Have you ever heard of HPV? HPV (Human Papilloma Virus) is a virus that can cause cervical cancer. This viral infection can be prevented by HPV vaccination. However, so far there may be many myths surrounding the HPV virus and cervical cancer, which makes people reluctant to think twice about vaccinating HPV. However, do not let this wrong assumption make you not take protection to prevent cervical cancer.
Myths about HPV and cervical cancer
The following are myths surrounding the HPV virus and cervical cancer that are widely spread. Find out the facts!
1. "The HPV virus only attacks women"
The HPV virus does not look at gender - even 8 out of 10 men and women can be infected with HPV which is transmitted by touching the skin to the skin. Men can suffer from HPV such as oral cancer, anal cancer, penile cancer and genital warts.
This means that not only women who need the HPV vaccine to prevent cervical cancer, men also need HPV vaccination to provide protection against infection with the HPV virus. Both men and women can get genital warts due to HPV virus infection.
You need to know, there are many types of HPV viruses that can cause different diseases. There are around 130 types of HPV, some are malignant or can cause cancer, such as pubic lip cancer and cervical cancer. There are also those that are not malignant, generally causing genital warts.
Cervical cancer is mostly caused by HPV types 16 and 18.
2. "The HPV vaccine is only for people who are sexually active"
Many women may still consider that the HPV vaccine is needed when they are married or when they are sexually active. However, the HPV vaccine is actually best given as early as possible before you are sexually active.
HPV can be about adolescence years because in adolescence in line with their growth period, the structure of the cervical organs is more susceptible to HPV infection.
You can even get infected with the HPV virus when you first have sex, even if you have used a condom. HPV can move through skin to skin contact (skin to skin). That is, even though most HPV is transmitted through sexual intercourse, it can also be non-sexual, that is, through touching the skin. The use of condoms can minimize transmission of the virus but cannot prevent it completely because other body parts can be exposed to HPV. The use of condoms can indeed protect you but not totally because condoms do not cover all genital skin.
So, you better get an HPV vaccine before being sexually active early. So, in the body antibodies have been formed to prevent the HPV virus in the future. Research also shows that younger people can create more antibodies than those who are older. Thus, the HPV vaccine works best if given at a younger age. You don't need to wait for marriage to be ready to get the HPV vaccine.
3. "Unsafe HPV vaccine"
In fact, the HPV vaccine has proven safe. Maybe dizziness and nausea can occur after the HPV vaccine is injected, but only to that extent and does not cause bad side effects. This has been proven by the Centers for Disease Control and Prevention (CDC), which states that there is no HPV vaccine safety problem.
The HPV vaccine is an inactive vaccine (containing a protein similar to the structure of the HPV virus that does not contain viral DNA). So, this vaccine is very safe and is unlikely to infect humans. After being injected, the HPV vaccine will stimulate the formation of an immune response in the body, thus creating protection against cervical cancer.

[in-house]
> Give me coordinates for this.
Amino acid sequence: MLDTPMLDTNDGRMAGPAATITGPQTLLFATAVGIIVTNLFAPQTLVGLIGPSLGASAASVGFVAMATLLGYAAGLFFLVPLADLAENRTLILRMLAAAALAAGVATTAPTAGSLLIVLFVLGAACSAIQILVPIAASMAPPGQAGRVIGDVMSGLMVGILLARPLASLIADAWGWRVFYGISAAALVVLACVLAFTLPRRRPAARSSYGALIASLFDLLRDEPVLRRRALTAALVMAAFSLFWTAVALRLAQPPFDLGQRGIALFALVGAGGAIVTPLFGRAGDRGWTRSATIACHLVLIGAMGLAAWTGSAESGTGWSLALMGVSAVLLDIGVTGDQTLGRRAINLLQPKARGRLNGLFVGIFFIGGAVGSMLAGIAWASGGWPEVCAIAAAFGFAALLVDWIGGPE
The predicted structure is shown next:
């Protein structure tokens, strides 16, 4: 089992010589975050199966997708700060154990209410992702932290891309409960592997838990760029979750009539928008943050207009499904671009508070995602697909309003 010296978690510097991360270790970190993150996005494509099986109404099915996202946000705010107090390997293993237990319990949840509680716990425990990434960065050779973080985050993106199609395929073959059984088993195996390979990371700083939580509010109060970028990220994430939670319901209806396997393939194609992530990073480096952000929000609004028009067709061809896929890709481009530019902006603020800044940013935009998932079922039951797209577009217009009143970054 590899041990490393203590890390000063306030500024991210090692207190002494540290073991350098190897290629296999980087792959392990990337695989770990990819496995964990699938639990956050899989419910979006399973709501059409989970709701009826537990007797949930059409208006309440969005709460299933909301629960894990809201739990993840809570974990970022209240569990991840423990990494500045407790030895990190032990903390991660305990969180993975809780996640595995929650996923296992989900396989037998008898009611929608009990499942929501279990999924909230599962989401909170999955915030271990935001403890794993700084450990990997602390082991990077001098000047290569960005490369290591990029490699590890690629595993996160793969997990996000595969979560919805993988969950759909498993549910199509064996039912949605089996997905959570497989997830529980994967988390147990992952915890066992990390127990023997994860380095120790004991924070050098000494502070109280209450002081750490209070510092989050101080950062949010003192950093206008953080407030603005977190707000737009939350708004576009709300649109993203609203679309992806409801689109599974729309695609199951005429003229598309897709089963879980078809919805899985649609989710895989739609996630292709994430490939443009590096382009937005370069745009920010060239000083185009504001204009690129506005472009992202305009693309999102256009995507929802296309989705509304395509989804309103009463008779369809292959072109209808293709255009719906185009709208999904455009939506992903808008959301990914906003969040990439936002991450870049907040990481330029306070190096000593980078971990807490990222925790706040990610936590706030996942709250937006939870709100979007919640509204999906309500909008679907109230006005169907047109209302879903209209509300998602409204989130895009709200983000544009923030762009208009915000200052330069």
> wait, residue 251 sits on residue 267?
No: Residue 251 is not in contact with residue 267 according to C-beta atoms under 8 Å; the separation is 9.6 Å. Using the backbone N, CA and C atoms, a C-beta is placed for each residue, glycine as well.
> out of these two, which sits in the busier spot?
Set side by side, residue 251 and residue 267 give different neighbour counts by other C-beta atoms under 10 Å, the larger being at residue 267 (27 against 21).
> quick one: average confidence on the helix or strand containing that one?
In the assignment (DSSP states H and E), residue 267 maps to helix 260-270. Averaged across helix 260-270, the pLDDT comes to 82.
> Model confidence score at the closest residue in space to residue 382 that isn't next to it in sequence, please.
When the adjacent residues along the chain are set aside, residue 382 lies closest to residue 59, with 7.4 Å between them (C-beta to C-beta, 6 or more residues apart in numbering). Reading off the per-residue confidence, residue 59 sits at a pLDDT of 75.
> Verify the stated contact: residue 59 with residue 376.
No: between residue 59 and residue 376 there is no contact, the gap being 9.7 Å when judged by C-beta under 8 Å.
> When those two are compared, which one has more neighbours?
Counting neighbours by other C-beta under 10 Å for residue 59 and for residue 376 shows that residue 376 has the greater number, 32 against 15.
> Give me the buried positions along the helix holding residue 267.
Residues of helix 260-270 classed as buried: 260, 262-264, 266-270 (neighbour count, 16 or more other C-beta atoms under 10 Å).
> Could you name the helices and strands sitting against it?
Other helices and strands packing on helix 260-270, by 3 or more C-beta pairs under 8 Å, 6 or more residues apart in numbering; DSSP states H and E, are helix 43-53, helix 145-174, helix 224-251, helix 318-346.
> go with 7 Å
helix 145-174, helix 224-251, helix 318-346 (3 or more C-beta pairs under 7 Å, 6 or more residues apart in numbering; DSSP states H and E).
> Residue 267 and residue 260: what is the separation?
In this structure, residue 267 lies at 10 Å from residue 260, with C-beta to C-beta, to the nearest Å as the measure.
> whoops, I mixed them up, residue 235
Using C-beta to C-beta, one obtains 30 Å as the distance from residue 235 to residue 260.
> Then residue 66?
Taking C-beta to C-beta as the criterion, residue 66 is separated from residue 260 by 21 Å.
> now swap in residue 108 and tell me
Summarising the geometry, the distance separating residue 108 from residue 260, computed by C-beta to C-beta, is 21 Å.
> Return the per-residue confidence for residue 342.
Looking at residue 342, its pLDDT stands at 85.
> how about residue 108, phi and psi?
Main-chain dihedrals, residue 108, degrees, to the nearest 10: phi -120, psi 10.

4. "HPV vaccine causes fertility problems"
There are also those who associate the HPV vaccine with fertility. But, no studies have shown that HPV vaccine can interfere with fertility. The HPV vaccine is not proven to cause a female egg to stop working normally before the age of 40 years.
So, you don't need to worry about your fertility when you get the HPV vaccine. In fact, the HPV vaccine can protect women from cervical cancer so that fertility problems due to cervical cancer can be prevented.
5. "Illegal HPV vaccine"
Regarding halal and haram about vaccines, this may still be a debate in the community. However, the Indonesian Ulema Council (MUI) has issued MUI fatwa number 4 in 2016 concerning immunization. In the fatwa, it was explained that immunization is basically permissible (mubah), as a form of effort to strengthen the body's immunity and prevent disease, noting that the vaccine used for immunization is halal and sacred.
If the production process intersects with pig enzymes, the vaccine may still be used with the note that there are no vaccines that are halal and sacred, there are information from competent medical personnel and it is believed that there is no vaccine for the disease that is halal, and used emergency conditions.
Generally, HPV vaccines on the market have been declared halal and received halal certification from IFANCA United States (Muslim institutions in the US that issue halal certificates).
6. "Expensive HPV vaccine"
Many people are reluctant to get the HPV vaccine for fear of the price. However, try to imagine how much money you can spend if you have cervical cancer. Of course, the price you pay is more expensive than the price of the HPV vaccine. True, prevention is better than cure.
For that, you should set aside a little money to get the HPV vaccine. Generally, the price of the HPV vaccine ranges from 700,000 to 1,000,000 per one injection, depending on the brand, hospital, and others. The free HPV vaccine program is given to school children. However, this program is only a trial phase in big cities, such as DKI Jakarta and Yogyakarta, and has not yet become a national program.
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